[ubuntu-uk] Help needed with ssh
Alan Lord (News)
alanslists at gmail.com
Wed Jul 15 09:36:41 BST 2009
On 15/07/09 09:05, danattwood wrote:
> You could try using a program like filezilla which works just like a
> standard ftp program but will let you use sftp so it's nice and secure.
> This will let you naviagte the 'tree', move files around and set
> permissions etc. When set up correctly the places menu can work in
> exactly the same way.
Why do you want to use Filezilla?
Under the Places menu is an option that says "Connect to server..."
Select that, choose "ssh" in the service type drop-down, then fill in
the following fields:
Server: Enter the IP address or domain name of the machine you want to
It will prompt you for a username and password.
Once connected your file browser (nautilus) will open.
I would recommend you select "Tree view" in the side pane of Nautilus.
If the side panel is not visible try F9 or look under the view menu for
the Side Pane option :-)
You can now navigate around the filesystem on the remote host just as
you would with a local filesystem.
In the tree view you can open local folders and drag and drop files and
directories between the local machine and the remote host.
It really isn't that hard. It is very similar to another proprietary
software maker's file manager. IIRC it was called Windows Explorer.
Right clicking on a file and selecting properties will bring up a useful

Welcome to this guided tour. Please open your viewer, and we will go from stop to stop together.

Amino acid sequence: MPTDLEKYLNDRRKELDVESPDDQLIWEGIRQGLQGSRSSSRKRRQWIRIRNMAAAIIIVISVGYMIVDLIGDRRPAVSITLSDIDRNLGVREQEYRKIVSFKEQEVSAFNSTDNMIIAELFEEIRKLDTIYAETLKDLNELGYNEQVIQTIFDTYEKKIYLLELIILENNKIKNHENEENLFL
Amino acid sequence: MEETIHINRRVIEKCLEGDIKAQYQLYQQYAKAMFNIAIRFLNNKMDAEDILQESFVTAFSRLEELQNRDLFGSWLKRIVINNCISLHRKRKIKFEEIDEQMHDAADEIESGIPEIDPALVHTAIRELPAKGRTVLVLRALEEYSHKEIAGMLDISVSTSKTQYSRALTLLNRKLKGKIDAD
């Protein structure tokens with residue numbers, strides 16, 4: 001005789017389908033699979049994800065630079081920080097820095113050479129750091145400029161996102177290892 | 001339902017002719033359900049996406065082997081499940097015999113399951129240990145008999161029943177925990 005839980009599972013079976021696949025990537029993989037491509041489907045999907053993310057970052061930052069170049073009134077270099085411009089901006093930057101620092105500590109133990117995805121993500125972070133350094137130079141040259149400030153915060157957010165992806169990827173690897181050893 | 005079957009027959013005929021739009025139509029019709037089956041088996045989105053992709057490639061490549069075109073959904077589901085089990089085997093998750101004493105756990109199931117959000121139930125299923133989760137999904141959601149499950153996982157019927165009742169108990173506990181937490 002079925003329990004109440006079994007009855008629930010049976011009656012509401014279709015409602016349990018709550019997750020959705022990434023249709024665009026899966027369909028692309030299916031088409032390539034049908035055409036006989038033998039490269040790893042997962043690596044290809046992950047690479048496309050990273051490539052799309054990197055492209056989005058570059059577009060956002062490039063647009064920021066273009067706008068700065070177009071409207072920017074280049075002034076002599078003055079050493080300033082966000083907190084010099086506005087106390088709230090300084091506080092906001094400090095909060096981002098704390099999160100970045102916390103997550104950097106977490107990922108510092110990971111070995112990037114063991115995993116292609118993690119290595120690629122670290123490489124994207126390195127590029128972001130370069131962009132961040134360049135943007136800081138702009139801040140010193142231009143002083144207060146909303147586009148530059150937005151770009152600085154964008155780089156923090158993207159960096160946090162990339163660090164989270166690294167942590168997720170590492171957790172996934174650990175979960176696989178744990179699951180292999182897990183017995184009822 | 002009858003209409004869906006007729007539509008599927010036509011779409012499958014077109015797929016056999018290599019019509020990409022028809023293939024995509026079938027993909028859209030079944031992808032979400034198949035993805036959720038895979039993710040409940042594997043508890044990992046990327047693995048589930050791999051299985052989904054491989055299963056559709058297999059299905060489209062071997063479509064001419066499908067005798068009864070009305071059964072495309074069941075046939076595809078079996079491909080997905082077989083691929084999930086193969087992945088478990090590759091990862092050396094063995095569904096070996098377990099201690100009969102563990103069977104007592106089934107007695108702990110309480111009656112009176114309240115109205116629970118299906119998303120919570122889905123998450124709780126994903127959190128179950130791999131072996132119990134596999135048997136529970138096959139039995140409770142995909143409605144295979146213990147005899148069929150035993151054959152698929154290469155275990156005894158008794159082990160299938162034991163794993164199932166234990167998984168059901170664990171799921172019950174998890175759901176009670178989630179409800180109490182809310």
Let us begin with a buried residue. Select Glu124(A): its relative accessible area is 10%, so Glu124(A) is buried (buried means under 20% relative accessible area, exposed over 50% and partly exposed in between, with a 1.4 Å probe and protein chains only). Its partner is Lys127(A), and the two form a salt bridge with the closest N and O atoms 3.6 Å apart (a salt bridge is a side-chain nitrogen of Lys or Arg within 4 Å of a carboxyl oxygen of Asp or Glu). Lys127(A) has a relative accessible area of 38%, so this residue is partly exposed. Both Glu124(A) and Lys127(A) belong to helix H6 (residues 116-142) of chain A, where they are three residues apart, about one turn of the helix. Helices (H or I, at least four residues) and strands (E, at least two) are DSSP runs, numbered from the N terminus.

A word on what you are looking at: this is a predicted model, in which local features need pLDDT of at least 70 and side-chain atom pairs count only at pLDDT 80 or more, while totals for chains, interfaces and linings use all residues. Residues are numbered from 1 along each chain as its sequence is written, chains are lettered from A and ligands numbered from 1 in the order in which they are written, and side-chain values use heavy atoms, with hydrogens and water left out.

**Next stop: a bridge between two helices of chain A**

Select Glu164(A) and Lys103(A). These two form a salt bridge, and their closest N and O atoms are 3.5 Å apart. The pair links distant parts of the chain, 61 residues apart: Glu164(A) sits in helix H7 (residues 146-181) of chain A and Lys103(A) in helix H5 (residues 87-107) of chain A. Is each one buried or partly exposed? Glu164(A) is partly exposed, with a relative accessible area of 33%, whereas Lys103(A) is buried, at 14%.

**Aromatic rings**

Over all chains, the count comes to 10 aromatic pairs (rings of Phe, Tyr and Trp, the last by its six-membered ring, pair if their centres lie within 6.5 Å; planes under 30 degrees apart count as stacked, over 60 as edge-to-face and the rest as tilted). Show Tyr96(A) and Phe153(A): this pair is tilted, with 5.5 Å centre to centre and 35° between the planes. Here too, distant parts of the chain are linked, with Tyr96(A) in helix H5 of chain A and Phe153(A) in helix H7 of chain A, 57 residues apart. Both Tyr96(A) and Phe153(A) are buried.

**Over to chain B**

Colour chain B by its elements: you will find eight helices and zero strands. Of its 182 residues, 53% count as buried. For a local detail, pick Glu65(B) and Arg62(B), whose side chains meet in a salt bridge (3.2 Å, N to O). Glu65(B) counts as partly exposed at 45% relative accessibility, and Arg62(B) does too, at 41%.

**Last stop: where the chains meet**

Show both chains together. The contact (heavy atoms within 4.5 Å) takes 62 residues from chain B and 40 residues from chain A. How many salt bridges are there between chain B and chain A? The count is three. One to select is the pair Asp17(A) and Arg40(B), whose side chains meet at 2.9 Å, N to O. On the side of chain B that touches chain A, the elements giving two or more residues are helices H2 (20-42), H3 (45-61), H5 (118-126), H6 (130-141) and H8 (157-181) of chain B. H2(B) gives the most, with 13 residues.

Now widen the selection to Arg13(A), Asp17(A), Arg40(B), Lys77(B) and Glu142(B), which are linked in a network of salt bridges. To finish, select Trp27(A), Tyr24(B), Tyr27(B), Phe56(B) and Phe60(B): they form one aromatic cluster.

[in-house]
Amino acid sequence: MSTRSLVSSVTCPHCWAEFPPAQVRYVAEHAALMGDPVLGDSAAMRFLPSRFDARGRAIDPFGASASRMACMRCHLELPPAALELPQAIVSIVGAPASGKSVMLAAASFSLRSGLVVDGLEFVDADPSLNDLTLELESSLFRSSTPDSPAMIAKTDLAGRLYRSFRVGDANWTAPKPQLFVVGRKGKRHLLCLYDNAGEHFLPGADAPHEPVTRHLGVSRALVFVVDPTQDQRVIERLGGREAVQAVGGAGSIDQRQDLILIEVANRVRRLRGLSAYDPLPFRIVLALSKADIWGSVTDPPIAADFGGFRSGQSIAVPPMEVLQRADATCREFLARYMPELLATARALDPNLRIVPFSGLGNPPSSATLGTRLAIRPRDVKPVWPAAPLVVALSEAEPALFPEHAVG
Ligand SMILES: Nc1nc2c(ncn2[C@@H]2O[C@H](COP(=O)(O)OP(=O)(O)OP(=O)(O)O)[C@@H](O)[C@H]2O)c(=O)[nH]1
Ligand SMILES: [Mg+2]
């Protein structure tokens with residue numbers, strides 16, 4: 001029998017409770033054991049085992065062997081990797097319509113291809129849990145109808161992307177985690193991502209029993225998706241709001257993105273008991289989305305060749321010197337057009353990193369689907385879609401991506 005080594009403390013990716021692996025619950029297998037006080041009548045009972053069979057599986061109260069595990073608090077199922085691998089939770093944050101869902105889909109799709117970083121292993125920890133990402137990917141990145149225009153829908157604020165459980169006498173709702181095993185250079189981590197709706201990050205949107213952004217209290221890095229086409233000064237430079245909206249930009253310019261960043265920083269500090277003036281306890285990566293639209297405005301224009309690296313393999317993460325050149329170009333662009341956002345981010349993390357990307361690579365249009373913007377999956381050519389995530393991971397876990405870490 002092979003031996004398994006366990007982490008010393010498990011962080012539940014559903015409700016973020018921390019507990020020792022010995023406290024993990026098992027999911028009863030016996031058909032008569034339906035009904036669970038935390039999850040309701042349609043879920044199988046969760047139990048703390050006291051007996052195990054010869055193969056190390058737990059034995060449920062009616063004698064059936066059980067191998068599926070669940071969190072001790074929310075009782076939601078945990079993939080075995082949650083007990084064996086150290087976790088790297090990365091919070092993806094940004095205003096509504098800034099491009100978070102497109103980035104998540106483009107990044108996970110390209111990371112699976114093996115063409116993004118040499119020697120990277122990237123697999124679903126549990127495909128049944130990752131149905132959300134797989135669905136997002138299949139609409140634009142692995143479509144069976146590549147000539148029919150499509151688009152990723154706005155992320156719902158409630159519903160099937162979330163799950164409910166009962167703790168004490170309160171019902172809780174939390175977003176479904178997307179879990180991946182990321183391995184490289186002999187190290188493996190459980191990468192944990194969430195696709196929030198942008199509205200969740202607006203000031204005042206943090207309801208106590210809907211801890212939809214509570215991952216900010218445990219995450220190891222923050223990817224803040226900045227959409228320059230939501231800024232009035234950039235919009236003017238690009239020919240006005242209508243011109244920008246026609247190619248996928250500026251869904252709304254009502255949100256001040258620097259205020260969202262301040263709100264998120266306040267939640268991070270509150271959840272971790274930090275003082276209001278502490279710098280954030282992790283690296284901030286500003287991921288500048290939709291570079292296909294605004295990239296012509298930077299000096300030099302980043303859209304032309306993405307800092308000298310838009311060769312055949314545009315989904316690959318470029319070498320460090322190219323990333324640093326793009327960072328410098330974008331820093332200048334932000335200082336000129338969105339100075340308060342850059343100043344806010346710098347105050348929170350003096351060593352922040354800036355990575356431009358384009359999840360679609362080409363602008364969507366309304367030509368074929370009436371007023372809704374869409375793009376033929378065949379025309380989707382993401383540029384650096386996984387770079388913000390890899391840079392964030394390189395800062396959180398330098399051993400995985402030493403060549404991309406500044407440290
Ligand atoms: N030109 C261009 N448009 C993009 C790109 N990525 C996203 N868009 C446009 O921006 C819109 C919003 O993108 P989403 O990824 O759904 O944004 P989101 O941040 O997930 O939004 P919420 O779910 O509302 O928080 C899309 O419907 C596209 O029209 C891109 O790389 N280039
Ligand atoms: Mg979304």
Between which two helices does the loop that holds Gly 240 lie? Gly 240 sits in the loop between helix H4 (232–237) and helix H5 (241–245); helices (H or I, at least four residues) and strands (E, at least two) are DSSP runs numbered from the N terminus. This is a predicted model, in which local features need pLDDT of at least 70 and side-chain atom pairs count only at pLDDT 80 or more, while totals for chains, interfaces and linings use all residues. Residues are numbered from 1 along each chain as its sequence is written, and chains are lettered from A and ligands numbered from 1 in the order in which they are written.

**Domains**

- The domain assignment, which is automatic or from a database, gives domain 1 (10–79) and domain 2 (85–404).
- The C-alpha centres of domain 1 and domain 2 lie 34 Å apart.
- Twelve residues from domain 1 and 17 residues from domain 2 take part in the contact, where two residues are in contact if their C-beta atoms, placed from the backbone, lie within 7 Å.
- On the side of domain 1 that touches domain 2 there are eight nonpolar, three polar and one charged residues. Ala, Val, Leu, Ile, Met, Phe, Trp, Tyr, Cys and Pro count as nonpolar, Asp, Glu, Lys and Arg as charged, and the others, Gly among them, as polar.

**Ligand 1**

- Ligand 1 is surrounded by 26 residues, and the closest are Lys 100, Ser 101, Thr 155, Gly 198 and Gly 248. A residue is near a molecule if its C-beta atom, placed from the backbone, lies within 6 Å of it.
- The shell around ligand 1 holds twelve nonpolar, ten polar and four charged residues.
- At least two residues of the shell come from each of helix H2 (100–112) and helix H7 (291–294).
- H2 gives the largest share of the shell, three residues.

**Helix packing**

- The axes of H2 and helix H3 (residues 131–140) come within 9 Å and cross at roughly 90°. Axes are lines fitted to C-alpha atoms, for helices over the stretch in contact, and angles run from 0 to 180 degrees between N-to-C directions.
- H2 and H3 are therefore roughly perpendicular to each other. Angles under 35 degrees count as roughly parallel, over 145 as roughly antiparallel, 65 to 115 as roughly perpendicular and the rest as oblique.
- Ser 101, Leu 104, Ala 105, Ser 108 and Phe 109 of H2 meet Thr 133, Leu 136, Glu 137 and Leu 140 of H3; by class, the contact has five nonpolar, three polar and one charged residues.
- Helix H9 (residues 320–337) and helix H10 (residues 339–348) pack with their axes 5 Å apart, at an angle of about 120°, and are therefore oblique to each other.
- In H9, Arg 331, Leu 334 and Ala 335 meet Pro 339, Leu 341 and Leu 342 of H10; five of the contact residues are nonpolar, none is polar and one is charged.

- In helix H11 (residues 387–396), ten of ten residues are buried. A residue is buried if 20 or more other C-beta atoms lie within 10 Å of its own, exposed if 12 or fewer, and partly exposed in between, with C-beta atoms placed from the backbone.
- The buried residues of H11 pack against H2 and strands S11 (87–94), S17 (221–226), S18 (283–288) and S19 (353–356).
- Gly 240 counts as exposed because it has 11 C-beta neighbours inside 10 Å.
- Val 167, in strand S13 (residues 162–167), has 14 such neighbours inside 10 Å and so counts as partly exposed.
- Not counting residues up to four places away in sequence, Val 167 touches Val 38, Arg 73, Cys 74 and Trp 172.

dialogue box. The Permissions tab is probably the most useful.
However much of this can be accomplished from the command line, and when
you need to do multiple operations it is usually faster. Some useful
commands once logged into a machine are:
ls list directory contents
ls -la list everything in the dir and show lots more information
chmod Change the permisssions of a file (man chmod for more info)
chown Change the owner of the file
pwd Present Working Directory (Where am I now?)
cp Copy (copy a file/files/directories)
mv Move (also used for renaming a file/directory)
du Show how much space is being used in a particular directory.
df Show what partitions are mounted and where to.
less Print the contents of a file to the screen page-by-page
mkdir Make a directory
rmdir Remove a directory
touch Create an empty (zero byte) file
man ls Open the manual page for the "ls" command. man "command" will
bring up a man page for the command, e.g.
> Or how about finding out about you local lug and popping in to one of
> their meets. I'm sure someone there will give you quick lesson on using
> the places menu and ssh
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